The Shawaffat are categorized into four categories: spirit medium/seer, spirit medium/spell breaker and caster, cult leader/spirit possession healing, and “therapist.” The first three categories are roles of Shawaffa, which existed before in society, but the last one is a construction developed from modernity. All of these roles are meant to serve and help women afflicted with a variety of spirit related problems. This folk role of the Shuwwaffa is holding on to legitimacy because they are pursuing problems related to Jnun, which is mentioned in the Koran.
I find this interesting because they are using magic as a way to counteract the jinn, which could be perceived as witchcraft, a practice that is prohibited in normative religion. However, like the Hamadsha, becoming a Shawaffa is an elevation of status. This creates a double standard within this society where some women practicing magic are deemed a hindrance towards society (witch) or a symbol of women empowerment (Shawaffa). This leads me to believe that a Shuwwaffa is essentially an accepted form of witchcraft.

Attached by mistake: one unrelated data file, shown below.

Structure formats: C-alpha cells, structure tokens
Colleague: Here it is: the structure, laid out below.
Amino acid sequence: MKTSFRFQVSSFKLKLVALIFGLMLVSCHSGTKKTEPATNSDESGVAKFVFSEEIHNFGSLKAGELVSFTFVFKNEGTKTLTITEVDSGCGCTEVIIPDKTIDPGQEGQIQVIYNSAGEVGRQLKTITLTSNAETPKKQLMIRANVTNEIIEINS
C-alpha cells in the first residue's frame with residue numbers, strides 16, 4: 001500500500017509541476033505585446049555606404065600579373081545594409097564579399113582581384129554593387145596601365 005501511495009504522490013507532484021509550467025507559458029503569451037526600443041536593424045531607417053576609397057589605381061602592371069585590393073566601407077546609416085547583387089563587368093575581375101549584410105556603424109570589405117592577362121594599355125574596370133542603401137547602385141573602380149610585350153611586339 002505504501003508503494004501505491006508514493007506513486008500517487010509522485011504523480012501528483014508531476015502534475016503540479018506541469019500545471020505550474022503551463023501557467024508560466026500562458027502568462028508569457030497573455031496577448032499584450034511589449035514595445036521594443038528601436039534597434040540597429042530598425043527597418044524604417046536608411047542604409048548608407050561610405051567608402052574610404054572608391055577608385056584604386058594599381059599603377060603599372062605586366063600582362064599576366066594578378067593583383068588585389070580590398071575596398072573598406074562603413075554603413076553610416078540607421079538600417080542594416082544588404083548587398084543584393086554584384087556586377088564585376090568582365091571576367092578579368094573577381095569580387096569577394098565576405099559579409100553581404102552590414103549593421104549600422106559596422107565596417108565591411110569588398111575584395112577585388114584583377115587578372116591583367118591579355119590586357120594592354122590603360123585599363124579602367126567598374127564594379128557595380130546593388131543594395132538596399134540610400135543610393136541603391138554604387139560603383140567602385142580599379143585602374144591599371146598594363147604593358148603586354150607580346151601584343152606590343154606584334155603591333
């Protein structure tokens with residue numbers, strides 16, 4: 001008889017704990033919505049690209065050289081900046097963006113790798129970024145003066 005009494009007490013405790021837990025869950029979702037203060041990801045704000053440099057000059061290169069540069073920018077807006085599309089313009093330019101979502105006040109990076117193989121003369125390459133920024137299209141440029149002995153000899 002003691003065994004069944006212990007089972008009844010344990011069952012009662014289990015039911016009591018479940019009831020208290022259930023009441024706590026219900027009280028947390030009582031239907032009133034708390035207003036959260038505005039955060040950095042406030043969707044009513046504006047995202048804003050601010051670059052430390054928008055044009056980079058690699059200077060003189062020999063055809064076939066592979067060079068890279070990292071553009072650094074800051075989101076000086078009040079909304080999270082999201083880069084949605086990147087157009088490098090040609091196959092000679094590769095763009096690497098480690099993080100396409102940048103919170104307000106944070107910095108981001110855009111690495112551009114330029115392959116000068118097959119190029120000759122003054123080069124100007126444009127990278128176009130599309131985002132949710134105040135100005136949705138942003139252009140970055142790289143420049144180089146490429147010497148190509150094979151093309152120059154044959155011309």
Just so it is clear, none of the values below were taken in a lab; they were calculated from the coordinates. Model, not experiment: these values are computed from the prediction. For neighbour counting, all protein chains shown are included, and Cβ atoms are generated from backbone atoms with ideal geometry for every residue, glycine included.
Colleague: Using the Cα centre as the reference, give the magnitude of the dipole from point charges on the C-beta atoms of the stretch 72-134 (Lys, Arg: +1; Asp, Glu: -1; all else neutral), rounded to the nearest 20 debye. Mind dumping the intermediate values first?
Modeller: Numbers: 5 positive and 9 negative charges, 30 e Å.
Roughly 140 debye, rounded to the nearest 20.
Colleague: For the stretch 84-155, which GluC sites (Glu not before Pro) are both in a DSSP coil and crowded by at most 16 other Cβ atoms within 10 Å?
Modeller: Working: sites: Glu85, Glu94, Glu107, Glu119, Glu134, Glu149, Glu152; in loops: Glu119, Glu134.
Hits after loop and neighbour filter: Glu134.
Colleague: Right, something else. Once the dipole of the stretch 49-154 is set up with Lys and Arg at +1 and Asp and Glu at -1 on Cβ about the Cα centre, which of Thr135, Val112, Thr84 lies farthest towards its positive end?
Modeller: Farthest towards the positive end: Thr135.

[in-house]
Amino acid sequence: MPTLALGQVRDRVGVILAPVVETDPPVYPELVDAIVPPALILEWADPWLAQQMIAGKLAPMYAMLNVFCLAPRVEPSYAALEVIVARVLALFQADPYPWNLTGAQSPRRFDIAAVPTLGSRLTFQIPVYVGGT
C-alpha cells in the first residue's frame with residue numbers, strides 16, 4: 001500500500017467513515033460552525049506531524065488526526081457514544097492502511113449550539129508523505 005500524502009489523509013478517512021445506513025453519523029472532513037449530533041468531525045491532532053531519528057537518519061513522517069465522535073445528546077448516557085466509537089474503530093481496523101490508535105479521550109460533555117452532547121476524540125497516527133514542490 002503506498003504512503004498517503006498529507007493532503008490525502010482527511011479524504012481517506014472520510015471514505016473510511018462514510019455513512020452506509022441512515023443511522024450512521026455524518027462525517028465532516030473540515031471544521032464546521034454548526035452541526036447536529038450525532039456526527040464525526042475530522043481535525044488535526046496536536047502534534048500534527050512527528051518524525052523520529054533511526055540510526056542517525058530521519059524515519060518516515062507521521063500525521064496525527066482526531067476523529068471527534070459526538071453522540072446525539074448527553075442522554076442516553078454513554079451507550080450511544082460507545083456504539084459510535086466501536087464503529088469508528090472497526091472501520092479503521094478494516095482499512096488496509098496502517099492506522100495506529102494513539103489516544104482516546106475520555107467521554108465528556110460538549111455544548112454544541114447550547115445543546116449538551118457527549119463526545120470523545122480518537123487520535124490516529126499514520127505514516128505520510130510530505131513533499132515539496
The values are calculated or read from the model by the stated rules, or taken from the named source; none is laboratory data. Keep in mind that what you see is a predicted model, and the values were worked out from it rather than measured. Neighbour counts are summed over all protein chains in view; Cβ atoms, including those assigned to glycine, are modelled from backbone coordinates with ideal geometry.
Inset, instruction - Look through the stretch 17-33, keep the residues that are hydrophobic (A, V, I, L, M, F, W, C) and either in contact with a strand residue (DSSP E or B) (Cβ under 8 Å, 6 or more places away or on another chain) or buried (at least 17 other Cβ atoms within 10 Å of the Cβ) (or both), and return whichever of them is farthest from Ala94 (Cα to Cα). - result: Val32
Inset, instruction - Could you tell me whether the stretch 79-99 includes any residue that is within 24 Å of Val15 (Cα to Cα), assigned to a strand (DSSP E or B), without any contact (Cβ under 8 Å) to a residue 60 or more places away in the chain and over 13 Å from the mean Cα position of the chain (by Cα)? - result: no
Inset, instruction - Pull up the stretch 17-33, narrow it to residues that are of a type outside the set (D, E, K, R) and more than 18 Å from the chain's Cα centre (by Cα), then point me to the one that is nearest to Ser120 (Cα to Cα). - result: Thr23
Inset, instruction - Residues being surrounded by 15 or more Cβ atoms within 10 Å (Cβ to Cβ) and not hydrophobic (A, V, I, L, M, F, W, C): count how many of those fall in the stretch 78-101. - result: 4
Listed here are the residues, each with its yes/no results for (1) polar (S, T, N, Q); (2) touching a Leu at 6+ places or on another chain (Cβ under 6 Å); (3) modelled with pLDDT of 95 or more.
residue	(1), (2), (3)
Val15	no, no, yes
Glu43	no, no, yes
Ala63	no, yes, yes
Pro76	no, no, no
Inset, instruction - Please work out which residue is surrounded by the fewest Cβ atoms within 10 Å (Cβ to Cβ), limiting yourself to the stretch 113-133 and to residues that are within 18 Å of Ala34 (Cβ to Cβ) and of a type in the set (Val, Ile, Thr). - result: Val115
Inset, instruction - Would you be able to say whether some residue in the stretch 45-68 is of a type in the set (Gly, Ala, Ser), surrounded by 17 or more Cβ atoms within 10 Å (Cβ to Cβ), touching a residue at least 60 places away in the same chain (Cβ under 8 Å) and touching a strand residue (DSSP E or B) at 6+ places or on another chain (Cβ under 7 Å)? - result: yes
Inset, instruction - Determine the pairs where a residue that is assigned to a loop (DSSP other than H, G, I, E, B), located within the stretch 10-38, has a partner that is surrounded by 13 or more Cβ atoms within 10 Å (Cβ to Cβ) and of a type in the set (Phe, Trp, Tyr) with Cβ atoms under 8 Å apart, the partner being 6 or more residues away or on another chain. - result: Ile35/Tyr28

Regardless, the Shuwwaffat are a significant part of society even though they are arguably practicing a traditional taboo practice. Their response to modernity made these women innovate their roles through the use of advertisements, calling cards, and access to money. These innovations allow the Shawaffat to continue to be a functioning part in society.